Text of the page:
Lindroos: There’s been a little more time to reflect on what has happened in the last twenty years. Of course there could have been better choices made. We could say we were drunk and young at that point. Is it worth going all the way back to certain time periods that you wish you would have acted differently? There are those kind of times, but there is nothing you can do about it anymore. I have personally accepted just to live with it.

Dead Rhetoric: Are you satisfied with your status in the folk metal scene – or do you believe there are more ways to reach a higher level of respect and reach with your efforts and live shows?

Lindroos: So far, so good. I think we have a strong foothold, especially in this folk metal scene. I think it’s going to stay like that. Hoping to reach a wider audience, I think that statement is something that reaches every single band. Hopefully with the new album we can get some good stuff going on again.

Dead Rhetoric: Do you think the acoustic shows you did a few years back were something that helped you reach out to a new audience?

Lindroos: Maybe, yes. I heard from a couple guys that it was their first Ensiferum show. They had not seen a metal show from us, but they saw the acoustic show first, and they really enjoyed it. Those acoustic shows were extremely a lot of fun. Because we can play around with the songs and put them in completely different formats. We rediscover the songs a little differently when you play them acoustically. So that was a lot of fun and I’m sure we are going to do more of the acoustic stuff in the future too.

Dead Rhetoric: Could you see possibly doing an acoustic record down the line with these reinterpretations?

Lindroos: Of course, yes. There (have) been thoughts about that one, but nothing really concretely set up. Hopefully we can do an acoustic album, that would be very cool.

Dead Rhetoric: On your personal Facebook page, I personally appreciated you showing your cooking side of life while extoling the virtues of old/new Testament and playing the Don Johnson solo album from the 80’s on vinyl. Has diversity in your musical tastes always been important to keep you sane, especially while we are all on lockdown – and please let us know more of your out of the box favorites for music tastes, metal or otherwise?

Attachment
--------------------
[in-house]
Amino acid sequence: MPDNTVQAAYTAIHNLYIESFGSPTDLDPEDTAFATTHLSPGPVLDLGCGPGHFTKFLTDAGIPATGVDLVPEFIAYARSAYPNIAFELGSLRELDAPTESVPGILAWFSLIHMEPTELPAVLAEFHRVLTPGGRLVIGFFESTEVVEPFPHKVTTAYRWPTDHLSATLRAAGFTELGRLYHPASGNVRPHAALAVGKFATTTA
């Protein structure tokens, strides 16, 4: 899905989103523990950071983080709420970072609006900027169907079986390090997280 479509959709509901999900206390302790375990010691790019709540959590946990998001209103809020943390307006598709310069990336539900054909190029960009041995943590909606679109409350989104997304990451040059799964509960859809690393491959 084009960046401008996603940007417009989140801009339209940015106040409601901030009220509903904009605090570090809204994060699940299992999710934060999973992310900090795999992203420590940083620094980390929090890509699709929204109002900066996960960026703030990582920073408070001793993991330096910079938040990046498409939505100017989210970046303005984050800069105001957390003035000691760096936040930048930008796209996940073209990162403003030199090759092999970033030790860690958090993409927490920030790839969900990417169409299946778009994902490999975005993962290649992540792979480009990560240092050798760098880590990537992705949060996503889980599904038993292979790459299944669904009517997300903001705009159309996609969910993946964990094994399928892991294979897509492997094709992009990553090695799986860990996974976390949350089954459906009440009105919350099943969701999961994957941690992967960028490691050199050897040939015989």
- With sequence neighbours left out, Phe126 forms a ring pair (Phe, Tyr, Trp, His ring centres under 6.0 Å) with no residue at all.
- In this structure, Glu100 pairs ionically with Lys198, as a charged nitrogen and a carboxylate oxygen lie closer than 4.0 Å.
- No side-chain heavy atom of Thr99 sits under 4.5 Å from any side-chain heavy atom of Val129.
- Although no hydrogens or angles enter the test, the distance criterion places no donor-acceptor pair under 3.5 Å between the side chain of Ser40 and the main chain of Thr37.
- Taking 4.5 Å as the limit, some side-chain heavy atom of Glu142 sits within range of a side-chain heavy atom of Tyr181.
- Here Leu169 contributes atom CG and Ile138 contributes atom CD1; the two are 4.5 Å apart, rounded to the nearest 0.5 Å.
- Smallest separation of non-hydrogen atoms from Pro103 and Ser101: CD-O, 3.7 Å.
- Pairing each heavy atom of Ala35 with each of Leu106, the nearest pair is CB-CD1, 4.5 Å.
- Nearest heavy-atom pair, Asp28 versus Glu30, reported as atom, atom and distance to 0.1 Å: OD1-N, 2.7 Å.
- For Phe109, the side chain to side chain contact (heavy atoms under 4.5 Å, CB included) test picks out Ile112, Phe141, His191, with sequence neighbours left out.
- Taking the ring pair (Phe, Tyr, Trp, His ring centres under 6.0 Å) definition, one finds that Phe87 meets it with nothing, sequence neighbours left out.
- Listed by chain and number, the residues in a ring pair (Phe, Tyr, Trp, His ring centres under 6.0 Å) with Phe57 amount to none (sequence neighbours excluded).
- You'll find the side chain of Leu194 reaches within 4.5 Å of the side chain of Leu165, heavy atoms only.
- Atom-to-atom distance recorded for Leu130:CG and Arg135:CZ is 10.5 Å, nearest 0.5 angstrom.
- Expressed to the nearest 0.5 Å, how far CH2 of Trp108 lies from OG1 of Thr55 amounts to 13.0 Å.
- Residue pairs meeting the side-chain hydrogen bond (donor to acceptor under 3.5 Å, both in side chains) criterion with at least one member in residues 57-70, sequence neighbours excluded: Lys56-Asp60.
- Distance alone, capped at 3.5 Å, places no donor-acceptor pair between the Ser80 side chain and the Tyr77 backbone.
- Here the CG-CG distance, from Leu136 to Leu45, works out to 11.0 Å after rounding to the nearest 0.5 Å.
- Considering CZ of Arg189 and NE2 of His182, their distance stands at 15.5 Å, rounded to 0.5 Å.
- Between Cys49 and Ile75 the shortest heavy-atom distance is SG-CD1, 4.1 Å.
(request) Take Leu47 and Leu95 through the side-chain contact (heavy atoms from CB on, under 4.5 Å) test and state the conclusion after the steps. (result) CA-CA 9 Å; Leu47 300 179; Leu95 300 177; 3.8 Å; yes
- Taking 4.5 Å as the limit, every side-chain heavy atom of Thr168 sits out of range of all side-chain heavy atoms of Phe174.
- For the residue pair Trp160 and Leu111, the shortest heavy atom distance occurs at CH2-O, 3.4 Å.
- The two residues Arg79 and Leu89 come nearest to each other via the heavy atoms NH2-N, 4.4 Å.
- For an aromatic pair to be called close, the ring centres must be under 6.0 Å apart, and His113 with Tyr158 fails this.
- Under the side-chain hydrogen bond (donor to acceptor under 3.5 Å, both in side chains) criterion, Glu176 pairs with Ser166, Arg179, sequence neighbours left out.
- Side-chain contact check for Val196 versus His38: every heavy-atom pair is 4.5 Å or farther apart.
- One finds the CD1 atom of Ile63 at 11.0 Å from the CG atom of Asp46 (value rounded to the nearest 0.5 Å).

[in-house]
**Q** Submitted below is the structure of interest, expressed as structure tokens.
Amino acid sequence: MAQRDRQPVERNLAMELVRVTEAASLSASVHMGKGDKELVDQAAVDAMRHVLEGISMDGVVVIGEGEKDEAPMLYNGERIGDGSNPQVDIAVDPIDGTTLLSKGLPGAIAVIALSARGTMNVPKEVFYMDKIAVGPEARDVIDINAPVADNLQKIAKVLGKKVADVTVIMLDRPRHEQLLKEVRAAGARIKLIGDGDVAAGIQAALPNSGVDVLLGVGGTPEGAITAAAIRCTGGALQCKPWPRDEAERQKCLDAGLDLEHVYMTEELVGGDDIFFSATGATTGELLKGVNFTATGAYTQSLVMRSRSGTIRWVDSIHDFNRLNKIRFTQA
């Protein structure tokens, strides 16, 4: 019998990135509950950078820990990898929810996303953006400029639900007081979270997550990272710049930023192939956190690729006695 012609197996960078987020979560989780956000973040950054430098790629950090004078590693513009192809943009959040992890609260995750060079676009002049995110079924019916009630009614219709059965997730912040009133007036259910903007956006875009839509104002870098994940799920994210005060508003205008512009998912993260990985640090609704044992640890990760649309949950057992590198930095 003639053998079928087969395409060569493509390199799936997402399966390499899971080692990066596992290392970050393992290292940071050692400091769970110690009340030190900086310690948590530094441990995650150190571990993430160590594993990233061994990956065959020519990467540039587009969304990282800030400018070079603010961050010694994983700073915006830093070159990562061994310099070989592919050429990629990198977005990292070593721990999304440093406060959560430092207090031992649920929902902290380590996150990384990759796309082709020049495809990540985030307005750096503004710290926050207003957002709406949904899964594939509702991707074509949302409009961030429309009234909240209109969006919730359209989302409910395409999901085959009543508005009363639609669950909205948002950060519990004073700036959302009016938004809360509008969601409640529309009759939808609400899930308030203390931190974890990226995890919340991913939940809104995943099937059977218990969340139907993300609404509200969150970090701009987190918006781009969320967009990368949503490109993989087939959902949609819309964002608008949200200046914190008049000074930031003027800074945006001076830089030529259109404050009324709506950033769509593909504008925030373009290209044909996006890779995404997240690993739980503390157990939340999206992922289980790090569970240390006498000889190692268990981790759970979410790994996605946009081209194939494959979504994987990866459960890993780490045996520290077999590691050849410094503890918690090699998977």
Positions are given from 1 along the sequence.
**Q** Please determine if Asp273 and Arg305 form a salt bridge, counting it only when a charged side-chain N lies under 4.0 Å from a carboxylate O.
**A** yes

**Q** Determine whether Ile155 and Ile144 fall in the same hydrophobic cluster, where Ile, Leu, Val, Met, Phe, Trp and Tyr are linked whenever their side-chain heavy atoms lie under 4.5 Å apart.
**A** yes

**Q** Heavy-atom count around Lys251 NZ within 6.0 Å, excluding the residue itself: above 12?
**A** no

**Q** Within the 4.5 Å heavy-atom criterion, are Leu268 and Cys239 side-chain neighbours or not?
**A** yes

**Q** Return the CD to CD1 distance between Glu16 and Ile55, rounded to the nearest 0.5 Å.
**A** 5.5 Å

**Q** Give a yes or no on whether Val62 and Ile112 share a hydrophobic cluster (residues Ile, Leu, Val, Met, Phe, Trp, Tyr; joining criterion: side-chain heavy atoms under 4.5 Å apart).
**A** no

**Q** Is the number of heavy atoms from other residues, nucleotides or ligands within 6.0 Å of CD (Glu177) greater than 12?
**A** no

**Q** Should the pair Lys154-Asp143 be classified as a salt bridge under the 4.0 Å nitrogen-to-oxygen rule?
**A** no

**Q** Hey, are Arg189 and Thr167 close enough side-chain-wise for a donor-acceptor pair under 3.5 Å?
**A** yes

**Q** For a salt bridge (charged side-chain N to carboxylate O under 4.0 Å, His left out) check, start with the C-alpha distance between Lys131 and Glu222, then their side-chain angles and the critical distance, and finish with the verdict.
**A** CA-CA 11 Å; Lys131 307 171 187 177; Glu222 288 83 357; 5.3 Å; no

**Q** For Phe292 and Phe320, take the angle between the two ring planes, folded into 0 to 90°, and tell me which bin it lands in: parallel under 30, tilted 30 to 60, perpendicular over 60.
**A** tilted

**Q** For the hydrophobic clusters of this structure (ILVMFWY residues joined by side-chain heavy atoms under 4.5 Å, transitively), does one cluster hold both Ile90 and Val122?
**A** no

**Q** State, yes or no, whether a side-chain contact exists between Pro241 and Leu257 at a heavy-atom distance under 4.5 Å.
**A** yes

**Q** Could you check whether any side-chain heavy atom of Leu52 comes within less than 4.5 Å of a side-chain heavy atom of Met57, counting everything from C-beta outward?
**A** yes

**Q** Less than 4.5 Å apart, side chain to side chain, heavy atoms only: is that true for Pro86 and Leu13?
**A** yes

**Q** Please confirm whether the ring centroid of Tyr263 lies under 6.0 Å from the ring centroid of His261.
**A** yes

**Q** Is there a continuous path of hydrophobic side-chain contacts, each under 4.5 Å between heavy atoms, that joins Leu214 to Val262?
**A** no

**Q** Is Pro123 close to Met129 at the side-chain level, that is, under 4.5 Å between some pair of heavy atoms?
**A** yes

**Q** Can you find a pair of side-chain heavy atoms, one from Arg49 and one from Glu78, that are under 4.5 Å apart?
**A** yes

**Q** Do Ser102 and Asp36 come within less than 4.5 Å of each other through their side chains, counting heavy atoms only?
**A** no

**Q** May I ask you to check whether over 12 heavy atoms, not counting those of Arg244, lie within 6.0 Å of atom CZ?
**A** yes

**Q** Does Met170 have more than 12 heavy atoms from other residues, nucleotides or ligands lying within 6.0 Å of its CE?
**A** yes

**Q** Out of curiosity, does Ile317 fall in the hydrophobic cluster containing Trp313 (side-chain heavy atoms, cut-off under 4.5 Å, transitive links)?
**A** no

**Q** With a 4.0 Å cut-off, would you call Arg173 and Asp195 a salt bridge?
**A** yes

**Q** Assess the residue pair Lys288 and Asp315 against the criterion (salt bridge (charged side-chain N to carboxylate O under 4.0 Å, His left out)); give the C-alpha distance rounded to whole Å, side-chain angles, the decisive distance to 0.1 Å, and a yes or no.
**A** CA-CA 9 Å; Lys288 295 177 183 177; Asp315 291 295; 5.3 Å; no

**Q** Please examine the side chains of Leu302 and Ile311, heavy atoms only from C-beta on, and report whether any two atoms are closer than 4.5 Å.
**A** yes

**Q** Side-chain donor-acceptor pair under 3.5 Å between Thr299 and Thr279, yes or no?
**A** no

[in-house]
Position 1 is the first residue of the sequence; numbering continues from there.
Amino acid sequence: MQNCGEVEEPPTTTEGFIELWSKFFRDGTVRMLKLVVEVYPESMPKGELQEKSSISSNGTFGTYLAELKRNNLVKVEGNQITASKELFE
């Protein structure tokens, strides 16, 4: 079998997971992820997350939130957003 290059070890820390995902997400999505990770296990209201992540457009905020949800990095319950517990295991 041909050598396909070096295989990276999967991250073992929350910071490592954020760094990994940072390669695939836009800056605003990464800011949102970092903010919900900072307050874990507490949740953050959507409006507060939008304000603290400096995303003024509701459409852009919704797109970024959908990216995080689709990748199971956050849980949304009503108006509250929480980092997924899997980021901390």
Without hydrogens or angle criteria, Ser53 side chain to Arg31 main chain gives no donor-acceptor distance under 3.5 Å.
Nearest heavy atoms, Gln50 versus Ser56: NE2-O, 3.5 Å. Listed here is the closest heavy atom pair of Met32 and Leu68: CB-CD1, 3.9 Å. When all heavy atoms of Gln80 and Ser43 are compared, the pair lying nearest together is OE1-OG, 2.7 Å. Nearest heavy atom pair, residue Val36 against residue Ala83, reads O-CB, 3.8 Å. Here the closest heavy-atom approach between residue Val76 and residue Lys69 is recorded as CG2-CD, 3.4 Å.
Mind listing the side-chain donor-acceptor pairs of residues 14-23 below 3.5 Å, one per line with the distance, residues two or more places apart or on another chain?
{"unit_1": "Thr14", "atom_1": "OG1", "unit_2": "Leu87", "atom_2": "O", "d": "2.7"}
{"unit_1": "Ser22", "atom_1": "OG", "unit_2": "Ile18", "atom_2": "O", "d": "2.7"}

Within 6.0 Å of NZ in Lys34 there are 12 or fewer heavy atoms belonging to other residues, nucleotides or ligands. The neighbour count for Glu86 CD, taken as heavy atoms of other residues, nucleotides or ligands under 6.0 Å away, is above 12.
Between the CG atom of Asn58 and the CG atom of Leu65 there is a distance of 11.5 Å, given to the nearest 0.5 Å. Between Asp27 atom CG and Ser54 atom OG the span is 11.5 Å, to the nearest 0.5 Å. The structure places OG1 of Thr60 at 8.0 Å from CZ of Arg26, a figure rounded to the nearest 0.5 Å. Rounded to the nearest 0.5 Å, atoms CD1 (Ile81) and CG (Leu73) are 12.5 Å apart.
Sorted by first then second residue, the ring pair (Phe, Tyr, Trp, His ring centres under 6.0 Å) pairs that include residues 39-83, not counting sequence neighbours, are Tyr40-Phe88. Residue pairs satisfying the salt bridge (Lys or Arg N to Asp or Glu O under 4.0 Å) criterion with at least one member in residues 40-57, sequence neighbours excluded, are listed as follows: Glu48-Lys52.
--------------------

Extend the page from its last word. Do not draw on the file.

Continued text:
Lindroos: Yeah, it’s been always like this in my life. I was introduced to heavy metal in the early 90’s, I have an older sister who is ten years older than me, so all the 80’s pop music was very strongly present growing up as a kid. Madonna, and everybody else at that point. I have a pop music background, I have Madonna, Michael Jackson, Don Johnson, and heavy metal also. Glam rock to black metal – all music is good when you like it.

Dead Rhetoric: What do you believe you’ve changed your mind about the most over the last five years of your life – it could either be something related to music or in your own personal world?

Lindroos: That is an excellent question, you know? I have maybe finally accepted that not everything is in your own hands. There are so many moving parts in life that affect the decisions that you make, and it’s really impossible to make extremely solid plans because everything can change in a heartbeat. Right now, we have this coronavirus taking over the world, so basically we are in lockdown. Nothing is happening really, except in the virtual world right now. Maybe there is some higher being who decides something, but I don’t know, it’s kind of hard to say. Accepting your own fate, kind of.

Dead Rhetoric: How do you see the next twelve months shaping up for Ensiferum – will there be any special promotion, video content, social media contests to help in the downtime while we await when touring can finally, safely progress again?

Lindroos: The album is coming out on the 10th of July. We are shooting a new music video, and that is in the editing process. That will come out in June. We are also planning a stream show – we have some news coming out in the upcoming weeks.

Ensiferum official website